Is Sustainability Bringing 'Made in the USA' Back into Vogue?
Last week I had a drink with my father-in-law and a well connected colleague of his from China. My father-in-law runs a mid-market consumer package good company; his products are mainly manufactured in Asia. During our chat I started to wonder whether sustainability makes the economics of bringing manufacturing back from China to the U.S. more enticing.
More and more U.S. companies are reconsidering their "made abroad" decisions. CNN ran an article on June 17 that highlighted decisions by GE, Carbonite, and NCR to relocate manufacturing jobs from China, India, and Brazil to the U.S. But do the economics support these decisions?
Initially I didn't think so. Surely the labor cost gap between the U.S. and China is insurmountable. Then I came across a report BCG published last month that forecasts labor costs in the two countries will "converge by 2015." Specifically BCG cites the rising Yuan and labor cost increases of between 15 to 20 percent annually (due to skilled labor supply/demand imbalance) as proof for their assertion.
With labor costs serving as a smaller roadblock than I imagined, I started to think about many of the other costs involved in traditional "where to manufacture" formulas. China faces the same inflation in raw materials costs as the U.S.. And products manufactured in the U.S. are not subject to port fees and tariffs.
The gap in costs is less than I thought, but does still exist. Then I applied sustainability as another lens to evaluate this question. Not only does the gap become smaller, it essentially disappears. I used three factors in my sustainability lens calculation: Transportation, manufacturing audits and reputation.
Transporting products manufactured in China to be sold in the U.S. (or anywhere else) both consume energy and emit carbon. The salad shooter produced in Guangdong has a larger environmental footprint relative to the salad shooter produced in Louisville, assuming factory conditions are the same in both places. When a company factors in a cost for carbon emitted from oceanic transportation costs, moving manufacturing back to the U.S. looks more affordable.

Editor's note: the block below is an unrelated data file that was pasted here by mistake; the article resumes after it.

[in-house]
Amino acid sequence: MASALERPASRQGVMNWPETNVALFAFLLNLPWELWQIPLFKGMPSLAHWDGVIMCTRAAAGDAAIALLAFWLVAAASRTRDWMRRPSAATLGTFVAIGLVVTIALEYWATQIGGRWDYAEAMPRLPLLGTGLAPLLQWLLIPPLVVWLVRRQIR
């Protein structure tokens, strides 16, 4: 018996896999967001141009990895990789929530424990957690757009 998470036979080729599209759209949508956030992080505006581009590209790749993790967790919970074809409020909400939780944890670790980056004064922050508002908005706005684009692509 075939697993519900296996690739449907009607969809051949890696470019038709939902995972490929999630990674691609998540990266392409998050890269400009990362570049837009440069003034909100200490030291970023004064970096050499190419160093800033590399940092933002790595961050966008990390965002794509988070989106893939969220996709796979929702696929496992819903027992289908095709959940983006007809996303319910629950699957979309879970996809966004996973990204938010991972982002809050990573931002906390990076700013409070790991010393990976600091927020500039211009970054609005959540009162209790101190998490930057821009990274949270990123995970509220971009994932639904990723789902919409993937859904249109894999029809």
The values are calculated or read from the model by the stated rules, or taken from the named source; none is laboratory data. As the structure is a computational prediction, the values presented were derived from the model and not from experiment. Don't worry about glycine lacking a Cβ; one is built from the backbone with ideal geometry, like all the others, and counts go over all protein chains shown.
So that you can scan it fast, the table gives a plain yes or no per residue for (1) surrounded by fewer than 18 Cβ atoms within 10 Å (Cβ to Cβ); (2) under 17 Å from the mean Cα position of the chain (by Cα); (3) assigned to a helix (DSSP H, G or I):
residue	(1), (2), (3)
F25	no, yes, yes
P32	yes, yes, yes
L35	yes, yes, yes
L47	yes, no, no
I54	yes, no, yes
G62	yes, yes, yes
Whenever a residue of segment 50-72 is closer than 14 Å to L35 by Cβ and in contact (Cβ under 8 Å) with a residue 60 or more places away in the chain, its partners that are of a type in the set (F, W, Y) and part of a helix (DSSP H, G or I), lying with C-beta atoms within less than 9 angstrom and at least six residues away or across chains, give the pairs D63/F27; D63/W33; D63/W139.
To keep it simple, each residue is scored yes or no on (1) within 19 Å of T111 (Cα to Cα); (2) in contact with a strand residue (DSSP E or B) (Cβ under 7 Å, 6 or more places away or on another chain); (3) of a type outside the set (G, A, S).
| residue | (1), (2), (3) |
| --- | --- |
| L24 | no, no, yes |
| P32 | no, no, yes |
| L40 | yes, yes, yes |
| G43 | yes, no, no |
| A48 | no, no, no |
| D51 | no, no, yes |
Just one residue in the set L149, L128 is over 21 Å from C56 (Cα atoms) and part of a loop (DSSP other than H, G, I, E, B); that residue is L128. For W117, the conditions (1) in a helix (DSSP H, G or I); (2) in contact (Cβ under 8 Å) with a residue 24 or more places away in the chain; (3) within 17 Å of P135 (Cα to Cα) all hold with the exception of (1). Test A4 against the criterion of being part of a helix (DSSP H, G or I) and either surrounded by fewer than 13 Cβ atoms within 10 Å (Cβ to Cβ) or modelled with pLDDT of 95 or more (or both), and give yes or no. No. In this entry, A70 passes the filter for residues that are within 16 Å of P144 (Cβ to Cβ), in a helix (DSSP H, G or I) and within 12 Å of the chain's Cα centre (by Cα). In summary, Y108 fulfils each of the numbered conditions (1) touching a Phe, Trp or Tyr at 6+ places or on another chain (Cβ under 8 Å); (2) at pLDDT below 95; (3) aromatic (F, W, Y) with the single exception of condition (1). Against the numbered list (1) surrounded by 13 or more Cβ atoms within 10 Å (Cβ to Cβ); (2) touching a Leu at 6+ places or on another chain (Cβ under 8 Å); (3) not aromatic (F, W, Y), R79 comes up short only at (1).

More and more U.S. companies have integrated environmental and social expectations into their supplier codes of conduct. Suppliers are expected to self-assess their compliance with these codes. Often these self-assessments raise red flags that require companies to conduct in-person audits of their suppliers' operations.
Relying on overseas manufacturers introduces uncertainty about compliance with accepted sustainable manufacturing guidelines. Companies have come to rely on a combination of overseas auditors and trips by U.S. personnel to confirm compliance.
Worker indignities in factories China and other countries have distressingly led to a series of suicides among workers. Widespread use of social media ensures these and other related stories of apparent social injustice are viewed worldwide. Association with factories that employ indecent worker practices, low wages, cramped accommodations, or all of the above is not additive to corporate reputation and goodwill. The decision to "repatriate" manufacturing is traditionally based on economics, quality, and lead time. The economic advantages of manufacturing overseas have both been well chronicled and well exploited. As companies more closely integrate sustainability into competitive strategy, a re-evaluation of the 'made overseas' question should be top of mind. When was the last time your company evaluated this decision?
Photo CC-licensed by Alan Miles.